Carolyn Sturtevant's Mr. Redlegs and friends - July 9, 2005
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These birds are among the eight target species being studied in the Neighborhood Nestwatch program of the Smithsonian Environmental Research Center in Edgewood, Maryland. They use numbered aluminum bands to identify birds in the official database maintained by the Fish and Wildlife Service. The colored bands are applied unique color combinations to allow easy identification of an individual by simple observation. Carolyn volunteered her yard in Greenbelt, Maryland as a host site for their research on birds in the urban environment and on the effectiveness of citizen science programs. Their web page is:

The House Wren, Mr. Redlegs, was banded May 8, 2003. He and his mates have raised two broods each year in 2003, 2004, and 2005. Amazingly, he has survived at least three winter migrations to the south, probably to southern Florida or to Central America. He has returned to his familiar haunts each spring. His mate in 2003 and 2004, Ms. Lilac, with white, purple, and aluminum bands, did not reappear in 2005. A female presumed to be his new mate was banded July12, 2005 with aluminum, green, and black bands.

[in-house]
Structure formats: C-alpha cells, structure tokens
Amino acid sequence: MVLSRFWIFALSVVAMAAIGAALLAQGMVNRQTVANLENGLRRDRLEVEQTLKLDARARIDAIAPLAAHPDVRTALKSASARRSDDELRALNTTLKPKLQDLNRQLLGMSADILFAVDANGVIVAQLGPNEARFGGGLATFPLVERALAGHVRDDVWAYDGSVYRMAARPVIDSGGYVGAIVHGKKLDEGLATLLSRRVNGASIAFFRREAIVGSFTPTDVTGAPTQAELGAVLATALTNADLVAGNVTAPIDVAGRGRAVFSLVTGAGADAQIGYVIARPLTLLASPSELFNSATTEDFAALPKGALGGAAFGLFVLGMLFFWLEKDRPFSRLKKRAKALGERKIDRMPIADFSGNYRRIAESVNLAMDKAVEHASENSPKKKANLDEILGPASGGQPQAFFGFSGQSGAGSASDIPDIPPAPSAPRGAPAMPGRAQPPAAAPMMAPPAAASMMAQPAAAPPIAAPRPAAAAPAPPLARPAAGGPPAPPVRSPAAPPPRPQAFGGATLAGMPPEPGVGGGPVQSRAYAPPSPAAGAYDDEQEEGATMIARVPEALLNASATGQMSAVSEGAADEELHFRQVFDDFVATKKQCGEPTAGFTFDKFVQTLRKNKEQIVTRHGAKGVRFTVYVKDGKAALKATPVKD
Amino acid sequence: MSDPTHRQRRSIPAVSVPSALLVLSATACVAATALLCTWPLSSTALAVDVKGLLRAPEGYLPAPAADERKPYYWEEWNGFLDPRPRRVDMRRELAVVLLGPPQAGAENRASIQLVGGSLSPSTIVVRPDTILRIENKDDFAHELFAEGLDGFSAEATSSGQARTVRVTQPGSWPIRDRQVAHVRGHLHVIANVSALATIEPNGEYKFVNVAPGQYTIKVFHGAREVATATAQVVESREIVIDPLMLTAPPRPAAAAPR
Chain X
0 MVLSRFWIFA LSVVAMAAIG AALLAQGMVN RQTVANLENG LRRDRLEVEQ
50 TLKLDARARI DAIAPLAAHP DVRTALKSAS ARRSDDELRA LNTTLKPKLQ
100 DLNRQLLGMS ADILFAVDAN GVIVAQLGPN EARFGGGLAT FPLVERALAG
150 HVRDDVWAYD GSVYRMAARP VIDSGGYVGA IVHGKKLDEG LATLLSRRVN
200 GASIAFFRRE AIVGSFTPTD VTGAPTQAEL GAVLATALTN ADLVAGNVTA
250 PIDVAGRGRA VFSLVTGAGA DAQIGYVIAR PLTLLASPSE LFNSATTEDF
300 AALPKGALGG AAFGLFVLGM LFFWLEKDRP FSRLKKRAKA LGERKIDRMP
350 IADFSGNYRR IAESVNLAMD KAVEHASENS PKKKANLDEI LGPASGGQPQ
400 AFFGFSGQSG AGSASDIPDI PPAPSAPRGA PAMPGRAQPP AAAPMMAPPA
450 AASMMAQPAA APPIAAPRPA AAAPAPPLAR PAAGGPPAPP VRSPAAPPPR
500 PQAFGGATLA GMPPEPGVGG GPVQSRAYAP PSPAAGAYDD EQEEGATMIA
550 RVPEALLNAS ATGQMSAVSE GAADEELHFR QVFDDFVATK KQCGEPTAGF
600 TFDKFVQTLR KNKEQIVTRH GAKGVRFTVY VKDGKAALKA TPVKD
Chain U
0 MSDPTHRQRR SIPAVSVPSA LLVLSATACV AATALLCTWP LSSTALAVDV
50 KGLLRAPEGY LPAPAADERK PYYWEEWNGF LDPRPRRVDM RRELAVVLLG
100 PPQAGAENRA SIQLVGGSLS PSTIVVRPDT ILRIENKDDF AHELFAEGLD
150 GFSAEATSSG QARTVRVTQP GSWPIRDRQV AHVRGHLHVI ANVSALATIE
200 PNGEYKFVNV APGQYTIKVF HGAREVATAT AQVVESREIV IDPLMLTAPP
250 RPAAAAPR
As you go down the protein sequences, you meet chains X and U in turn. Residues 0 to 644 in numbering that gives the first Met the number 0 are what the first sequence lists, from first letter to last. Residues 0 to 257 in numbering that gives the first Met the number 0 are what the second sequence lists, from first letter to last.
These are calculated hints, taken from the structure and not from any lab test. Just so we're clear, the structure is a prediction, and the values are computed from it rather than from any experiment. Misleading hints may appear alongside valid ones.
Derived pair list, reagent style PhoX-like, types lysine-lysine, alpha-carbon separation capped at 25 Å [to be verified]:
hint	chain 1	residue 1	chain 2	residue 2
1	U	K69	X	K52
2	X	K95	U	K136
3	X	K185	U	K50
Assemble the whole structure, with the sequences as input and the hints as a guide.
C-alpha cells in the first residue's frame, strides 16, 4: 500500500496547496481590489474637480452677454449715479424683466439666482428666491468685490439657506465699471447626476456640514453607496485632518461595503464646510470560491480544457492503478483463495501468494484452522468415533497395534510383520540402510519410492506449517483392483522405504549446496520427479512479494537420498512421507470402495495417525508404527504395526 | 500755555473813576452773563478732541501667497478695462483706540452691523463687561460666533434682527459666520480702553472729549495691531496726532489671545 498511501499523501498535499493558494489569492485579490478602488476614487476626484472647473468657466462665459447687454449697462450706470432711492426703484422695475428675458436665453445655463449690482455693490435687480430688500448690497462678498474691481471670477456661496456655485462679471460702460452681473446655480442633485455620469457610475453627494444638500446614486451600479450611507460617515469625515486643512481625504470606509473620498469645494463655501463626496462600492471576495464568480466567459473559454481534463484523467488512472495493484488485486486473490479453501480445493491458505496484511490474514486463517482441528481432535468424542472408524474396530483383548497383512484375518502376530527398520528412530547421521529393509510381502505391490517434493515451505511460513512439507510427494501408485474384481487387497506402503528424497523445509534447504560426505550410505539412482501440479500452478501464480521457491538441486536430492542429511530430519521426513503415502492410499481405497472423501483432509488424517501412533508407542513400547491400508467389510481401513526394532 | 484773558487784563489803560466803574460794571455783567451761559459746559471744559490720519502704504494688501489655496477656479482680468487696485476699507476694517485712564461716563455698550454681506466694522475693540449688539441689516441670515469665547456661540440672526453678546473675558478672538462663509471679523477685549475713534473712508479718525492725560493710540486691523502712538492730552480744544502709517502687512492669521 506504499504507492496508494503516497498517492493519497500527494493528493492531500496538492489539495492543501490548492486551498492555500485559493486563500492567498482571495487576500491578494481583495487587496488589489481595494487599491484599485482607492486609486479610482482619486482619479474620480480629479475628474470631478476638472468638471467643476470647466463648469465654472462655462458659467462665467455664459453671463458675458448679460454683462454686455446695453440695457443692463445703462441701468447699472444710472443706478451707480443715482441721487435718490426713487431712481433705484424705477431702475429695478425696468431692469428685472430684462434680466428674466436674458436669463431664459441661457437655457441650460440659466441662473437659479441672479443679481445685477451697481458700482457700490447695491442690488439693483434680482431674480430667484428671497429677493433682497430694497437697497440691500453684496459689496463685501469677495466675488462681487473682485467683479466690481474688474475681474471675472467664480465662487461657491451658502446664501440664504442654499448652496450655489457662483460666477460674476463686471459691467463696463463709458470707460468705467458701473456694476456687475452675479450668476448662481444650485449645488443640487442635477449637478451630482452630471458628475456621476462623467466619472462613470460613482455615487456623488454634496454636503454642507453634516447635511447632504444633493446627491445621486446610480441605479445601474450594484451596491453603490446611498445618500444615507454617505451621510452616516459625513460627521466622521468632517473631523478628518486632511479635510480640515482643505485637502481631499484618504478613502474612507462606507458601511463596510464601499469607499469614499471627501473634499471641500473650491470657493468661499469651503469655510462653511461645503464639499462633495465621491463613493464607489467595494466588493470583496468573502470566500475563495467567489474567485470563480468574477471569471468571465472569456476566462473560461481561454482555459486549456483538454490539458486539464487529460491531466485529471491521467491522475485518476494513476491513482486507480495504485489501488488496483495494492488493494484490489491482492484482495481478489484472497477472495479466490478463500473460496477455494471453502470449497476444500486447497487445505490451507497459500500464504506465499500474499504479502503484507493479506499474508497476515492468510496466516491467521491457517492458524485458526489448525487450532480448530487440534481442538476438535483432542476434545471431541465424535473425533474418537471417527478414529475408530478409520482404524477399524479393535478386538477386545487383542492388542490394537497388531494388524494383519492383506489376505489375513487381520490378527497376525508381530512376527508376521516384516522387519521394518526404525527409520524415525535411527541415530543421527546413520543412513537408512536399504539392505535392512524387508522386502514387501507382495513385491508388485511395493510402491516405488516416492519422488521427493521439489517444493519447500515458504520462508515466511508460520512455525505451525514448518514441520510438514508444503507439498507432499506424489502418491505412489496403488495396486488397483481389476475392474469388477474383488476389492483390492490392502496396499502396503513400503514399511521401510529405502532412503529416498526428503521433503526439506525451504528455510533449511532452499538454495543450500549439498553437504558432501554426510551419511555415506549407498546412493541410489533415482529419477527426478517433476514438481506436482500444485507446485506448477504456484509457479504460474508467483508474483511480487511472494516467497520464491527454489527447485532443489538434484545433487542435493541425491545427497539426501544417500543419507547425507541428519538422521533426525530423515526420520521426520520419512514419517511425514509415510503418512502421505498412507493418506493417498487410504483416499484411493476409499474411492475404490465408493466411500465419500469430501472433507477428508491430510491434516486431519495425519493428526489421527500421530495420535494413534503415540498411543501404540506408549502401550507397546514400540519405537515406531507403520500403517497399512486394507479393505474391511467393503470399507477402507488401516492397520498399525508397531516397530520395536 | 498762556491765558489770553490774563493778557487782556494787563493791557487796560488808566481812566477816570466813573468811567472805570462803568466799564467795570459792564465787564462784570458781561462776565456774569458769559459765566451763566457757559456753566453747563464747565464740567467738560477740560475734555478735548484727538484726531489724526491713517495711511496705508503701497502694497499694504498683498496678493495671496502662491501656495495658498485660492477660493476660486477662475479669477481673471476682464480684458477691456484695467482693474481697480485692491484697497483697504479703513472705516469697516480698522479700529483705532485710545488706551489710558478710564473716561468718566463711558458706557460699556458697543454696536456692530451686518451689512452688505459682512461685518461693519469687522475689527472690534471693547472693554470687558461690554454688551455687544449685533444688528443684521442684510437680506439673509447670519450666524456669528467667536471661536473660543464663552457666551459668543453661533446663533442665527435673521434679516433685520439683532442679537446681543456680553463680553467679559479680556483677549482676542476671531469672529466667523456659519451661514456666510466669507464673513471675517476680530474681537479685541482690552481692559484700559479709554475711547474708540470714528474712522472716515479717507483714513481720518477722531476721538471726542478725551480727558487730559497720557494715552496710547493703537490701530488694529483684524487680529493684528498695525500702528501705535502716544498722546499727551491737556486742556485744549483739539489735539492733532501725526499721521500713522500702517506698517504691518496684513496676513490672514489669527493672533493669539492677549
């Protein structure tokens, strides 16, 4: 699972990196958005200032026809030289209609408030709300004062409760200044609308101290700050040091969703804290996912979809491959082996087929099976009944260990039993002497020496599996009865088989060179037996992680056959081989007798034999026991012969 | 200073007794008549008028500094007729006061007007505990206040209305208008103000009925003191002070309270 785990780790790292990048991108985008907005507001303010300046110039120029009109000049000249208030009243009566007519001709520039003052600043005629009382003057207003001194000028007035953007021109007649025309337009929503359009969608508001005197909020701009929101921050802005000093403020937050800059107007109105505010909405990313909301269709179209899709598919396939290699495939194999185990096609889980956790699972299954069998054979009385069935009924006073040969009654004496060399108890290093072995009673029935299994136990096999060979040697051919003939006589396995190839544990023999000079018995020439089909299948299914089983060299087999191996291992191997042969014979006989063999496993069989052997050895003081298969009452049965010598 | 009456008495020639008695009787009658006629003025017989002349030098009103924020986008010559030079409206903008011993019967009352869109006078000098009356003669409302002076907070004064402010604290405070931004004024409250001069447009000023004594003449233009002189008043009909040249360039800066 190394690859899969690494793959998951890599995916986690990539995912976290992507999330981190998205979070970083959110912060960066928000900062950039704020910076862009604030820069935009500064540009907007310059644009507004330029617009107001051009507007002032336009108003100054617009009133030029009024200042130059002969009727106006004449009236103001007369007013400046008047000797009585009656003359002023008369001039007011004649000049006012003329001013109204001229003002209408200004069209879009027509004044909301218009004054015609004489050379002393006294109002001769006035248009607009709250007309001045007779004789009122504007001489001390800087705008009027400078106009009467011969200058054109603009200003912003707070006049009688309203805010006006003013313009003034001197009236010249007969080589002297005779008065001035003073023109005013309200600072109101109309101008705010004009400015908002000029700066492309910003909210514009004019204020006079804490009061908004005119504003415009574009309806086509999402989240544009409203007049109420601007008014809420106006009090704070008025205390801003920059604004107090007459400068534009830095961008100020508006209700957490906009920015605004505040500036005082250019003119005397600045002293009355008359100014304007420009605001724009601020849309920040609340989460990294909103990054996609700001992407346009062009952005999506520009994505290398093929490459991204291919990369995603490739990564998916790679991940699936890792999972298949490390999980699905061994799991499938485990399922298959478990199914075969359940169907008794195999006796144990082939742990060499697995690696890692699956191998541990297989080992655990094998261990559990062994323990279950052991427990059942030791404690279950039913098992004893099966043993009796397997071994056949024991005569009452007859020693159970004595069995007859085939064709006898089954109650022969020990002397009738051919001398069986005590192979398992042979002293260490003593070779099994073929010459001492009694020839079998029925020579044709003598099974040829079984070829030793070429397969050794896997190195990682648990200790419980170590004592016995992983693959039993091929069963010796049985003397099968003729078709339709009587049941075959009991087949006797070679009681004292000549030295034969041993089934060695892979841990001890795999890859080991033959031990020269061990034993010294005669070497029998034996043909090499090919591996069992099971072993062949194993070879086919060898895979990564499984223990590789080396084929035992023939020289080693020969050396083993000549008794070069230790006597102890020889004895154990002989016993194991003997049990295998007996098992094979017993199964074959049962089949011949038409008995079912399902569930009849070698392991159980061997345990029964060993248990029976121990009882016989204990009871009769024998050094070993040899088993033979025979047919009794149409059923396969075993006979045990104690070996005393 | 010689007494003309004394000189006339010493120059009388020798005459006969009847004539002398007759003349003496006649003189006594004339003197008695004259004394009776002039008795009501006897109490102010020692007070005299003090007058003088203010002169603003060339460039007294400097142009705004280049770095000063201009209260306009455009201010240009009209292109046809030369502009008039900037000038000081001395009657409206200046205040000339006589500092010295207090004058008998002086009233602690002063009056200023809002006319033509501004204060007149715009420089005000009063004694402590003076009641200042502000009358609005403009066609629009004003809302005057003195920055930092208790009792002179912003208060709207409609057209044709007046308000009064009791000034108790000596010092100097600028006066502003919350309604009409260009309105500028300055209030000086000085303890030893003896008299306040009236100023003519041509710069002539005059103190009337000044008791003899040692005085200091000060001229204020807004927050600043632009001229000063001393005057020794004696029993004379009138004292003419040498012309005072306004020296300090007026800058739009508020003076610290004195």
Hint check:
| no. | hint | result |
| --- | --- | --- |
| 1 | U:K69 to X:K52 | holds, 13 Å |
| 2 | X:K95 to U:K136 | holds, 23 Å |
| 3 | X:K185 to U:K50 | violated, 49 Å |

The Northern Cardinal wears only the aluminum band, and this photo doesn't really show it. I'm convinced that this is the cardinal banded May 8, 2003 with a purple band over a green band on his right leg. In subsequent months, first one colored plastic band disappeared, and then the other, leaving only the aluminum band. He's a year-round resident in our neighborhood, also a family man.

The American Robin and young are as yet unbanded.